A high percentage of the Romanian population own cryptocurrency, due in no small part to the publicity of its usage by celebrities and media figures. The way one invests in crypto largely affects its qualification for income tax purposes, but its special status as a non-currency makes it at present not eligible for VAT. 26
19. Mexico– 116.6 Coincub points
In Mexico, crypto is often used for day-to-day purposes as a high proportion of people do not have access to bank accounts. As a result, there are plenty of places to spend and lots of bitcoin ATMs. As crypto’s popularity grows it could fulfill some important roles in the country’s burgeoning fintech industry.27 Regulations apply for organizations, but there is no centralized and structured approach to crypto and no detailed and consolidated strategy on how crypto is taxed and regulated. There are strict fintech licensing requirements and crypto firms must report transactions over a certain amount, but tax issues have not been firmly pinned down in crypto activities and appear to be dealt with on a case-by-case basis. In the case of individuals, depending on their accruable income, they can be subject to income tax of 1.92% to 35%.28 A high percentage of the population holding crypto and a high number of available exchanges, along with the government actively looking to harness the wave of interest, puts Mexico on our list.Full review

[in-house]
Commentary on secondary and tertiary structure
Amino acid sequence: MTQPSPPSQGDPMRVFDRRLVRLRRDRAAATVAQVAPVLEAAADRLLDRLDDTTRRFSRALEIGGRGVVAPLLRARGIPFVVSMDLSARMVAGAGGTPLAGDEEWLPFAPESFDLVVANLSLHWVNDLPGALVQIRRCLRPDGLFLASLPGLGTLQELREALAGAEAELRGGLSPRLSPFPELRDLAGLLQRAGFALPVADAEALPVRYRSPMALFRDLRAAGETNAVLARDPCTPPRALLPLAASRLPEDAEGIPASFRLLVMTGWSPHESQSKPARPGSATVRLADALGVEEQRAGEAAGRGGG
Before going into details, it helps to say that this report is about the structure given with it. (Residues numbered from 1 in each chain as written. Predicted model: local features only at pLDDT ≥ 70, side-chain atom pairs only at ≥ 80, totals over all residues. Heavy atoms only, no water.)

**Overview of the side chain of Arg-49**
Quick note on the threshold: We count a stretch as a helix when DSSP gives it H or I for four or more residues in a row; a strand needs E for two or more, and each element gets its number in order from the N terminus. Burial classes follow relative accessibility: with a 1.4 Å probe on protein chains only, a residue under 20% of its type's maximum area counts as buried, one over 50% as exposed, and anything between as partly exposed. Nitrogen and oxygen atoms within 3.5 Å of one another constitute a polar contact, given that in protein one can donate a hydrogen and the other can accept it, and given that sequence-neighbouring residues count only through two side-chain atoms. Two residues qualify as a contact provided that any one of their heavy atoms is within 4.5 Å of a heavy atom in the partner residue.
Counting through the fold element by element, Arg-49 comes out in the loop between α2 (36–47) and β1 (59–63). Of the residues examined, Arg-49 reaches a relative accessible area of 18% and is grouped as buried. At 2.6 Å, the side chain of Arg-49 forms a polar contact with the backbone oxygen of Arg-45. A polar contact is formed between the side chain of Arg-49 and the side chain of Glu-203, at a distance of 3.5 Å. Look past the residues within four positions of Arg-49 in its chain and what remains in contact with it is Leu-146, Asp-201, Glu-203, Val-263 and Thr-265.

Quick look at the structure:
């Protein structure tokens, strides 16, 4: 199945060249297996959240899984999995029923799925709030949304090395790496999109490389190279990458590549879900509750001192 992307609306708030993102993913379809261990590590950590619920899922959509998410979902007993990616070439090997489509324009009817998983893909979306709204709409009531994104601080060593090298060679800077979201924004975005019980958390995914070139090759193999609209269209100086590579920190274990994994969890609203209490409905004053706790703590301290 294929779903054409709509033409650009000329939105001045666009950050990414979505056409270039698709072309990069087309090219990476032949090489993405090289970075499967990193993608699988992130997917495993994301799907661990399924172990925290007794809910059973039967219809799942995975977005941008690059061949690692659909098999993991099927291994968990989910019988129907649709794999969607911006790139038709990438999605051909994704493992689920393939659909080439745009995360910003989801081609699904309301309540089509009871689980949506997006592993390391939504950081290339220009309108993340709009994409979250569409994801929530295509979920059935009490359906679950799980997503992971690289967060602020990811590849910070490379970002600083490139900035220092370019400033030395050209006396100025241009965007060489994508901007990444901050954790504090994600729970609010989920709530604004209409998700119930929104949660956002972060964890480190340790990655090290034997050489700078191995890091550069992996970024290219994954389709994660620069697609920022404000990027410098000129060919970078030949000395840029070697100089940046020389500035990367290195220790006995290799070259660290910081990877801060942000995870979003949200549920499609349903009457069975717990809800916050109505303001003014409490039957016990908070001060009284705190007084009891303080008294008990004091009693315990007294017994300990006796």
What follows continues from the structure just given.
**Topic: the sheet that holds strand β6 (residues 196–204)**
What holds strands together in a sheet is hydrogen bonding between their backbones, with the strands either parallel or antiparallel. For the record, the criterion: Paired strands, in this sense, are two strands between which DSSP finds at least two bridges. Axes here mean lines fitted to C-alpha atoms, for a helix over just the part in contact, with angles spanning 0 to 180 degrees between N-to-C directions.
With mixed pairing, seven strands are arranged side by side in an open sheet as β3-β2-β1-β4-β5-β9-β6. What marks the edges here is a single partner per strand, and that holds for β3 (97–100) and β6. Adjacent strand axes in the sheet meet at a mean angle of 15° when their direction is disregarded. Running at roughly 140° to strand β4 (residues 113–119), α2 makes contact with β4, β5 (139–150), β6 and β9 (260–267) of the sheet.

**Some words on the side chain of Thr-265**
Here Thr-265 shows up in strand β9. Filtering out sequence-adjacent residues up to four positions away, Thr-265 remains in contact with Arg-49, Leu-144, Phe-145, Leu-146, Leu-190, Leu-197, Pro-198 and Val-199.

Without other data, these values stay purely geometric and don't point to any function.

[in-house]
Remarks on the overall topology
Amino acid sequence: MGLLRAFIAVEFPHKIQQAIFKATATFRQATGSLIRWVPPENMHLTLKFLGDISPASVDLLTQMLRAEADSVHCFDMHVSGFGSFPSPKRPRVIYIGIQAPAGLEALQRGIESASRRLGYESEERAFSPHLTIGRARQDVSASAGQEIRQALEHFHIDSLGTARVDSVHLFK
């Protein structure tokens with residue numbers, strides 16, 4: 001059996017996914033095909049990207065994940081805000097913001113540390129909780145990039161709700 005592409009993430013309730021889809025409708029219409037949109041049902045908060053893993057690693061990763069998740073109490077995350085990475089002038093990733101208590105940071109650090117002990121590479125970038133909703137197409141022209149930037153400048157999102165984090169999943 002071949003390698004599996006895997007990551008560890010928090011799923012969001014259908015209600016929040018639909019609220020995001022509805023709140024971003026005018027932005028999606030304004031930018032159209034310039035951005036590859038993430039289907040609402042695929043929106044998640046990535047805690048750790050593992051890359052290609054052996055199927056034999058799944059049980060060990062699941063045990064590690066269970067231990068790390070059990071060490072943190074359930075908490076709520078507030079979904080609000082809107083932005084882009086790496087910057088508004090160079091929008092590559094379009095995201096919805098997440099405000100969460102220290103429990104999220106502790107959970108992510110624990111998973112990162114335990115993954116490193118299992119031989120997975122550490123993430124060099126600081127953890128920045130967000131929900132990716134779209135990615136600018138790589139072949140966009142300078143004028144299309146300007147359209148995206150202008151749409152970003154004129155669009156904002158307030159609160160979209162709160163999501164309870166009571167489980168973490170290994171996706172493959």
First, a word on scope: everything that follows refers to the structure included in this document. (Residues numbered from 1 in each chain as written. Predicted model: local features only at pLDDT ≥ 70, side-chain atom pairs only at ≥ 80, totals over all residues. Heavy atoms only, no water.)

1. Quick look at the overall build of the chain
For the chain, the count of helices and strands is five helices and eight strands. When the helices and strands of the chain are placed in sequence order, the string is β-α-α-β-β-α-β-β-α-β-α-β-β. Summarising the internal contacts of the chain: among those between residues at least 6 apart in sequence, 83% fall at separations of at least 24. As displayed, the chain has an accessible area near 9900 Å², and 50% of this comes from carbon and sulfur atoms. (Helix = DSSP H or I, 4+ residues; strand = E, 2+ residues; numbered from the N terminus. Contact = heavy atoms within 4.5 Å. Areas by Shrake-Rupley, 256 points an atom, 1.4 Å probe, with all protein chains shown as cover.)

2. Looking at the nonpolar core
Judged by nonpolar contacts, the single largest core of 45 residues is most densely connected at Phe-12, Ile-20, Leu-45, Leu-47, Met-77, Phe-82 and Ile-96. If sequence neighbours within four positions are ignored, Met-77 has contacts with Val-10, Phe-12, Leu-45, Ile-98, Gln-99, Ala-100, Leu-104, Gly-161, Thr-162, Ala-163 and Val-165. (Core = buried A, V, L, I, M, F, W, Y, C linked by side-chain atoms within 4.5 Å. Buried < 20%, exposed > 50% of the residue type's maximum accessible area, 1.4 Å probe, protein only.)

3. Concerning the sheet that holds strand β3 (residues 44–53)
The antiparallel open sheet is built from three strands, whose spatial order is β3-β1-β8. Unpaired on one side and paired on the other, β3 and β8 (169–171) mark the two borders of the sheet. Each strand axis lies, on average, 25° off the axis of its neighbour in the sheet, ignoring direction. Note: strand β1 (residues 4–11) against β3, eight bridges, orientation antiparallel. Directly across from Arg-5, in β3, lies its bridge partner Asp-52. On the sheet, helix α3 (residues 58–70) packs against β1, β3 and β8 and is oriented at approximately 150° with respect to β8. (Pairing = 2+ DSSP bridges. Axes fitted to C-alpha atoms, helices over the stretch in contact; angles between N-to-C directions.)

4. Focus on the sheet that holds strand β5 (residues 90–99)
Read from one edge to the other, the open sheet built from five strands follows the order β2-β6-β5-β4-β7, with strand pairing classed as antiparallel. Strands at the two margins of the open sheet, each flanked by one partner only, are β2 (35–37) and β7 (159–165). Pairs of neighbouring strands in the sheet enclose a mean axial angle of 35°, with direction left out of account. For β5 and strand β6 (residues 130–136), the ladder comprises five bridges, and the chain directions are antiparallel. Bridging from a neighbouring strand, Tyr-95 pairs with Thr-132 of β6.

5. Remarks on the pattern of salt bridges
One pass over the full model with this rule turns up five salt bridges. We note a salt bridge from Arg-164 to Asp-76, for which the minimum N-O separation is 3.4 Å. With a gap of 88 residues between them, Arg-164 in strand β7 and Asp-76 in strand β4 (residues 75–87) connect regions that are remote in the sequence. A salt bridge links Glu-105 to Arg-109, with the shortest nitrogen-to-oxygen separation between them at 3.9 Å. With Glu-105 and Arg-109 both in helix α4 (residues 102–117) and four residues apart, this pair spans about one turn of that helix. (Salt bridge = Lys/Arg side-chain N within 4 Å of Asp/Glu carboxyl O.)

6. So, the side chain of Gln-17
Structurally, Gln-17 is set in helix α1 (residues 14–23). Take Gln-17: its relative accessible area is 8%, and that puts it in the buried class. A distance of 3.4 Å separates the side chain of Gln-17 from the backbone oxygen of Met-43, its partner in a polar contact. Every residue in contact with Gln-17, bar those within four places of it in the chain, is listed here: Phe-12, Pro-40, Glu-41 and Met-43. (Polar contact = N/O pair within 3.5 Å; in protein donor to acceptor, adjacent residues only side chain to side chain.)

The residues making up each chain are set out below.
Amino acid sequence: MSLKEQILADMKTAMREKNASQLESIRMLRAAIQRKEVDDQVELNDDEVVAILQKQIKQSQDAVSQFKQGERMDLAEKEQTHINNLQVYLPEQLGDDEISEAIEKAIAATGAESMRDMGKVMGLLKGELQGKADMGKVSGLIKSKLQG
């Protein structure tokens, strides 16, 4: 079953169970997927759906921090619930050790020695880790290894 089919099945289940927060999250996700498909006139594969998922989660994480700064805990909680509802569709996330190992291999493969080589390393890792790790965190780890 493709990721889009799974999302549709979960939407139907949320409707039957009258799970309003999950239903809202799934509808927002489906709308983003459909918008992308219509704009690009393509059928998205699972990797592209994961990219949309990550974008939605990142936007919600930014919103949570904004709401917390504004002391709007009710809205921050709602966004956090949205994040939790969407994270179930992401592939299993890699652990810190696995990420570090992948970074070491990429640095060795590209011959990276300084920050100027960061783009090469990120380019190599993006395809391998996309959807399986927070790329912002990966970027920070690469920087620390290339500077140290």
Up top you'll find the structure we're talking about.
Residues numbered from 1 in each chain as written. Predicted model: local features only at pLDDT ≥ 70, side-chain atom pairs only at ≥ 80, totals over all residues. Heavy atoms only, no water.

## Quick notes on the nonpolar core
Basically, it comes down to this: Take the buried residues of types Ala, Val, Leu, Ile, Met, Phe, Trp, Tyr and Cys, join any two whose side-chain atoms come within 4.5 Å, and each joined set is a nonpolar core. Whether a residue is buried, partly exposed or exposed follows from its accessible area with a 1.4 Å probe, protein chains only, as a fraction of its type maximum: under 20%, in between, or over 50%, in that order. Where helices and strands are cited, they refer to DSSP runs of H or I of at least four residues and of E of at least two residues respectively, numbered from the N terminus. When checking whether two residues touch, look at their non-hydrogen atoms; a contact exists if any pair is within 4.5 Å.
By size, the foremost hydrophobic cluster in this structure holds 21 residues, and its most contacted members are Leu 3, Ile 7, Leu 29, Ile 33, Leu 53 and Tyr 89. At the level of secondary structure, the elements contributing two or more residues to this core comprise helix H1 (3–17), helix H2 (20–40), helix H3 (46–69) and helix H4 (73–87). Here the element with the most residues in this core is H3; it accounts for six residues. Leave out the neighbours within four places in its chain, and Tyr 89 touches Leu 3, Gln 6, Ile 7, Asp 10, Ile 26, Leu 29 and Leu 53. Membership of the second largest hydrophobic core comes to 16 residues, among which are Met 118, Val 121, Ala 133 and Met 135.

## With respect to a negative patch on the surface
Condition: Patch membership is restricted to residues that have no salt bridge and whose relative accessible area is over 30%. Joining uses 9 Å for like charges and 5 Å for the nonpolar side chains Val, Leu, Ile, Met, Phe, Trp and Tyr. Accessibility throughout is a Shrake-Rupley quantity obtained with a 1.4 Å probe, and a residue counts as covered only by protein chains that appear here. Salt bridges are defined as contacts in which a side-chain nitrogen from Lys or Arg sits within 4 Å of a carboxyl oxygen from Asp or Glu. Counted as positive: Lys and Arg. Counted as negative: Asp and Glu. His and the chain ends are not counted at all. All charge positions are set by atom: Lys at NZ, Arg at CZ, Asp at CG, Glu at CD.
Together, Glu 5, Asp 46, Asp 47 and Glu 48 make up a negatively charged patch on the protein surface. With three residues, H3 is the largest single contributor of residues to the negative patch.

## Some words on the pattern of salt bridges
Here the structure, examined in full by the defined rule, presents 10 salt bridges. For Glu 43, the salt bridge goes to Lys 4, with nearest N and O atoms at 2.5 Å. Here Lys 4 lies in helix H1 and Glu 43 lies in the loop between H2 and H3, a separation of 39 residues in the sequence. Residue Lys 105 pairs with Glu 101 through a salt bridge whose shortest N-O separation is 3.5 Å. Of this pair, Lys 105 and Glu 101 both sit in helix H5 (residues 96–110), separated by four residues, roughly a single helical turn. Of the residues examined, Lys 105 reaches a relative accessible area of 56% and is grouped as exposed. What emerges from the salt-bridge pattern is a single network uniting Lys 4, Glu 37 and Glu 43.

20. New Zealand– 110.3 Coincub points